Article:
There’s plenty out there about women having to lean in, but we rarely talk about how men can also play their part by shuffling that fixed deck of cards.
I don’t for a moment pretend to have all the answers. But I do have a few suggestions.
Ask for flexible working arrangements
Mums aren’t the only people who benefit from flexible working arrangements. Speaking from personal experience, my husband felt a big stress reduction when he worked a four day week for a while. My previous boss is a Crossfit addict who finishes at 4pm every day to train. Let’s make flexible working normal for men and women alike. Ask for it for yourself, and you’ll be nudging the workplace to be better for everyone.
Level the playing field with teamwork
Women tend to be less confident when it comes to applying for new jobs and negotiating on salary. So push your partner to apply for that stretch role and encourage her to decide what a job is worth and add 20% when starting salary negotiations. It’s part of being a strong team.
Check your prejudice
I have noticed my own unconscious bias popping up at times when I’ve seen mums struggling to juggle work and parenting, and even when I met a stay-at-home dad and felt an uncomfortable urge to say ‘well done’. Challenge your own beliefs if you find yourself thinking that people taking time away from work, flexible and part-time workers are less committed or ambitious.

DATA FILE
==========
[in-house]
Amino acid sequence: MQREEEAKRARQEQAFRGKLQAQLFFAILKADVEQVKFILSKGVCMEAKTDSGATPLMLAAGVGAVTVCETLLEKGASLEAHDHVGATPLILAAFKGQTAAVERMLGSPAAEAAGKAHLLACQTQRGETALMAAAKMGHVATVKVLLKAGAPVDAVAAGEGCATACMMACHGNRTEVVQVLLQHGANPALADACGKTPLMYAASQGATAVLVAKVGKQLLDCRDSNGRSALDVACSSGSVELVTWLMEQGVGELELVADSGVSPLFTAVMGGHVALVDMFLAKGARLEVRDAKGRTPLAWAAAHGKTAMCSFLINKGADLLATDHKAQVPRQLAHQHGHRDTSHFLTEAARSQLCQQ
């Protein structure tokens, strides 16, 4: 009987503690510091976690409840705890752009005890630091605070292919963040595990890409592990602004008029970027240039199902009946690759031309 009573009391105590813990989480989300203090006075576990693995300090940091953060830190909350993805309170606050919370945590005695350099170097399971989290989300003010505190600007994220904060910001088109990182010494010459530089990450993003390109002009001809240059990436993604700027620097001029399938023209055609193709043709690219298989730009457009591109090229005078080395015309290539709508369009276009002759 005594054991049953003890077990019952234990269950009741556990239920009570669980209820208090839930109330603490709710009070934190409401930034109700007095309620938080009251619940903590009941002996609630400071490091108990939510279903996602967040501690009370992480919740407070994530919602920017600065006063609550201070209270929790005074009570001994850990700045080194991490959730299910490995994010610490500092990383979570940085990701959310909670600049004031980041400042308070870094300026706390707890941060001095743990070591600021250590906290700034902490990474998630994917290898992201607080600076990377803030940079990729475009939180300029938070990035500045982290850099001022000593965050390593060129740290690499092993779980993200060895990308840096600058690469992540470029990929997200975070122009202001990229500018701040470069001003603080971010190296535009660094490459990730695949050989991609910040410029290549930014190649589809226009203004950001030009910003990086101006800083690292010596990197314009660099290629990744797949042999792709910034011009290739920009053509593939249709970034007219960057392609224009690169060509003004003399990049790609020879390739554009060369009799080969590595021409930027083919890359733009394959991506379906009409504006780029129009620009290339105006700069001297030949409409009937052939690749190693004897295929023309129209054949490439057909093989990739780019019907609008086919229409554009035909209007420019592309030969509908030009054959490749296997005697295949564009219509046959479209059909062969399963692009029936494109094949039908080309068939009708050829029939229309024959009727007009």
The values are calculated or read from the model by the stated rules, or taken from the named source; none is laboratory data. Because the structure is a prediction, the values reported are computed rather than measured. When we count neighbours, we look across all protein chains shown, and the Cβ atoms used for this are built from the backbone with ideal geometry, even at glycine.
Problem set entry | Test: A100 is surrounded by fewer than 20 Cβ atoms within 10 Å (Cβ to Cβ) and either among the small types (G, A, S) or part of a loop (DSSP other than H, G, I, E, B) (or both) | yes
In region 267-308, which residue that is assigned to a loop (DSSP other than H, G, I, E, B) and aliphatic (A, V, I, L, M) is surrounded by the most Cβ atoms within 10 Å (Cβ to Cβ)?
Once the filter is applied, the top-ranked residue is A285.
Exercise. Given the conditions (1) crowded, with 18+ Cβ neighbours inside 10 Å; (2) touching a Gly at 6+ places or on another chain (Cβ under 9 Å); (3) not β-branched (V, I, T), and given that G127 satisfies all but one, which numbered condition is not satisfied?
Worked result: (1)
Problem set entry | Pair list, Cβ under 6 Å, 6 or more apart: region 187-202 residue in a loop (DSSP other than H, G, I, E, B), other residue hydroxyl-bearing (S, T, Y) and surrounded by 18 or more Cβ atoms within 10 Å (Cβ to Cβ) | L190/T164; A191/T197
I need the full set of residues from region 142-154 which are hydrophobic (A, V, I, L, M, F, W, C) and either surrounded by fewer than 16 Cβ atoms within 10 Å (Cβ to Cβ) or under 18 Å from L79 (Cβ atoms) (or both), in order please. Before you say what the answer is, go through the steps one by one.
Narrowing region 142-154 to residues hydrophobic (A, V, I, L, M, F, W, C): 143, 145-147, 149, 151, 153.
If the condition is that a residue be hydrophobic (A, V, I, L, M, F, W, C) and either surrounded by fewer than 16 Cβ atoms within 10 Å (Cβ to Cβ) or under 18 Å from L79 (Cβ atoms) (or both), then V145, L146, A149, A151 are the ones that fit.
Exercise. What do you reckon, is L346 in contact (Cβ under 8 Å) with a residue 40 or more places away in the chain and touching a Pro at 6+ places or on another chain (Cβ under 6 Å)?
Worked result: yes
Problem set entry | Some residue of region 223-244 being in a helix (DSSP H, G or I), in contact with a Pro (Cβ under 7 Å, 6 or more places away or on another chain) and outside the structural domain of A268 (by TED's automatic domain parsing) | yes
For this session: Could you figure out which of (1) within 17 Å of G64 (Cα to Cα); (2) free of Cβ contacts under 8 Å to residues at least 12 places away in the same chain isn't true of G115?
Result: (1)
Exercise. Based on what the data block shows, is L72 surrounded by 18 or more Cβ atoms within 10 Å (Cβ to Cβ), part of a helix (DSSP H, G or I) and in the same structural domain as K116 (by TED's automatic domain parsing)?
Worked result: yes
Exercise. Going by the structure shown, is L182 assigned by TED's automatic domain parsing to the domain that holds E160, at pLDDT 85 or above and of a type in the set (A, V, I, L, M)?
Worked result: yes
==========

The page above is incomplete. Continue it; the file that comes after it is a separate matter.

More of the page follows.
Take parental leave
Men get an unfair deal when they become a dad, expected to head back to the office days after their life-changing miracle arrives. That’s not cool. If you’re in New Zealand, tweet and talk about the government shifting the language they use from ‘primary carer’s (paid) leave and partner’s (unpaid) leave’ to ‘shared parental leave’. Let’s make sure that the language we use normalises dads looking after their kids too. I’m covering ‘parental leave’ in my role, not ‘maternity leave’, for example. Legislation aside: guys, take that time off work if you can afford it when baby comes along. You’ll never get that precious time again.
Be a coach
As you ascend the career ladder, consider who you could help along the way. Typically women aren’t offered sponsors or mentors as frequently as men, with ethnic minority women especially hard hit. How can you help redress this imbalance? Simple. Offer to coach someone you wouldn’t automatically consider reaching out to.
Get ready for retirement
Okay, maybe it’s wishful thinking that us millennials will ever get to retire. But just in case we do, be sure to have a grown-up conversation with your partner about pensions now, before you have kids. Chances are that if the mum’s the one taking time out to care for children, her retirement fund will take a hit. How, as a couple, will you ensure financial fairness in your old age?